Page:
CICERO – Morton College will join 19 organizations in a fifth cohort of the Illinois Latino Nonprofit Leadership Academy, an intensive program designed to empower leaders that serve the Latino community, coordinated through the Latino Policy Forum.
With 34 participants, the Year 5 cohort is the largest in the program’s history. Morton College is the first institution of higher education to participate in the Leadership Academy.
Yesenia Avalos, Morton College’s dean of Student Development and Ombuds Services; Director of Student Development Marlena Avalos-Thompson; and Dean of Arts and Sciences Derek Shouba were selected by the Latino Policy Forum through a competitive nominating process to participate in the intensive nine-month academy, building personal and organizational leadership skills while exploring their role as leaders in both the Latino community and larger society.
Avalos, Thompson and Shouba will collaborate with executive-level and emerging leaders from other academy participants in a series of three retreat sessions, scheduled in August and November this year, and in March 2014, and will receive one-on-one consulting between sessions. The academy will culminate with a graduation ceremony in May.
Morton College’s student body is 76.6 percent Hispanic, making it the nation’s seventh largest two-year federally designated Hispanic Serving Institution and the largest HSI east of the Mississippi River.
The academy invests in leadership to remedy two conflicting trends: the growth in the Latino population and the decrease in resources available to the organizations that serve them. Even as the Latino population remains one of the fastest-growing segments in the country, 1 percent of total foundation funding in the U.S. has been dedicated to serving Latinos over the past decade, according to a collaborative report from the Foundation Center and Hispanics in Philanthropy.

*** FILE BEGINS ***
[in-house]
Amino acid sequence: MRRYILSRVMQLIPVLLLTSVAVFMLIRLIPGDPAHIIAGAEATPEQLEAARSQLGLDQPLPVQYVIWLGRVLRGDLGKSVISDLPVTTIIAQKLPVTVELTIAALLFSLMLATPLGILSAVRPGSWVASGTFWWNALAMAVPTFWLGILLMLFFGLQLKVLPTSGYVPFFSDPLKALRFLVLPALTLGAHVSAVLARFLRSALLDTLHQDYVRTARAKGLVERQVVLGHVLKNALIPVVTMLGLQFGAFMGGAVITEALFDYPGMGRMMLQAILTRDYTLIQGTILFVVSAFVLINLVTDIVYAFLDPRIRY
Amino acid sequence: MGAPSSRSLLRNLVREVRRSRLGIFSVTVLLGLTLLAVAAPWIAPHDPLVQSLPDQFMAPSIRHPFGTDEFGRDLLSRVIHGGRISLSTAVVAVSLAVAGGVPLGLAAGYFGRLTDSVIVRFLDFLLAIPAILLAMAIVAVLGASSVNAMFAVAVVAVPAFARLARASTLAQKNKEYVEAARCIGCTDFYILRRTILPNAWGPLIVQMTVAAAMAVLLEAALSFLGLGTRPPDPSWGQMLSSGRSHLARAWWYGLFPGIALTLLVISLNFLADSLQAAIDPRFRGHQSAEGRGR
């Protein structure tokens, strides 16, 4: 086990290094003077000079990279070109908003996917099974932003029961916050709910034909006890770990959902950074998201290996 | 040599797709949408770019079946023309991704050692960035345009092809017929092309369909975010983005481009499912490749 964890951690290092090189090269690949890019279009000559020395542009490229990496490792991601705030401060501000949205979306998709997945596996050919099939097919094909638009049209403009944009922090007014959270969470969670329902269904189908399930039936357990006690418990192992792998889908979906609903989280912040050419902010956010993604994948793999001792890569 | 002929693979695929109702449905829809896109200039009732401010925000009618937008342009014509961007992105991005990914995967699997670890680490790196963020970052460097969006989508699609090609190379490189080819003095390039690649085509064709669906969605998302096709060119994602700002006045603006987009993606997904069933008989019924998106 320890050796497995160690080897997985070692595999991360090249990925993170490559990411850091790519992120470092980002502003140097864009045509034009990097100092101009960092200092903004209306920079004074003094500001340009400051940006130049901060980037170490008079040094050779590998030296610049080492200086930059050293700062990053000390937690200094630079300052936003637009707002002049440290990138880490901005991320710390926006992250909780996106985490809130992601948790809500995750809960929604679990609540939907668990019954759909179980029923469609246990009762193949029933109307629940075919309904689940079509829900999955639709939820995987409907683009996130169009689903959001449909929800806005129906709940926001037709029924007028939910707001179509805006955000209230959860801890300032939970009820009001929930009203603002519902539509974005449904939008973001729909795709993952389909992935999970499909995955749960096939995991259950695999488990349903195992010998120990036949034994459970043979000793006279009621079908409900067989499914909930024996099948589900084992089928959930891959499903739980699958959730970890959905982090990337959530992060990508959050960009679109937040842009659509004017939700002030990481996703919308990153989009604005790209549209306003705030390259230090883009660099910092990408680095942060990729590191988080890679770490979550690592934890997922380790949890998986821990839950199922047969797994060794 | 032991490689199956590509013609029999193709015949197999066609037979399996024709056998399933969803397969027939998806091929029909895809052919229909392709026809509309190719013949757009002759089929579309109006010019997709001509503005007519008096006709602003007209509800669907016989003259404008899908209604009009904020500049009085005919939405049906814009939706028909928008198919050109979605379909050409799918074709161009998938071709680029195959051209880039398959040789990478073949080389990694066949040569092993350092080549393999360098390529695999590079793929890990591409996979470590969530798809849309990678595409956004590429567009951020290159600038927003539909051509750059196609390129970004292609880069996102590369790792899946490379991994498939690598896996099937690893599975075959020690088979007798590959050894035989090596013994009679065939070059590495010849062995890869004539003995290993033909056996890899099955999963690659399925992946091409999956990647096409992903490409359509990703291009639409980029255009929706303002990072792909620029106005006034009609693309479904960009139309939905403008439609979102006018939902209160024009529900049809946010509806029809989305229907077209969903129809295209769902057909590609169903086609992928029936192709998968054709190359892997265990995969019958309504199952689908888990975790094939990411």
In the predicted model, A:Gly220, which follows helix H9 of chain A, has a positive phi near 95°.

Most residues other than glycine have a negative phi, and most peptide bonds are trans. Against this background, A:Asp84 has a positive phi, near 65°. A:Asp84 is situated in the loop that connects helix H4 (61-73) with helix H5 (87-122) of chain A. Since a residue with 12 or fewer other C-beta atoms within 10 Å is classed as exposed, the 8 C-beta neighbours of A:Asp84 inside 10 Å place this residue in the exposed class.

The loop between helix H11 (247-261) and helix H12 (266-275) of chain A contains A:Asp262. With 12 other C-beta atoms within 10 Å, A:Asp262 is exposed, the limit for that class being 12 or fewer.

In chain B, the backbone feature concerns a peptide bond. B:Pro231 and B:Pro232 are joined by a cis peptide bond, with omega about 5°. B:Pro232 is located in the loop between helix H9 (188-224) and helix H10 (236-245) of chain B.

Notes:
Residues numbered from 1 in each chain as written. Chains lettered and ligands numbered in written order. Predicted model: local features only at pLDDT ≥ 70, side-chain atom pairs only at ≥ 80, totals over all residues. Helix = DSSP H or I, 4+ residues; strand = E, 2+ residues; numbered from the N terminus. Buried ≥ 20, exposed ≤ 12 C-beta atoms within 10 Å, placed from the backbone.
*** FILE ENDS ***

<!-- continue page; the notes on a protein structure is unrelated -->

At the state level, even as Illinois’ Latino community has grown 33 percent since 2000, funding to Latino organizations via the Department of Human Services dipped nearly 30 percent between 2009 and 2012.
The Latino Policy Forum is the only organization in the Chicago area that facilitates the involvement of Latinos at all levels of public decision-making. The forum conducts analysis to inform, influence and lead. Its goals are to improve education outcomes, advocate for affordable housing, promote just immigration policies and engage diverse sectors of the community, with an understanding that advancing Latinos advances a shared future, according to the forum.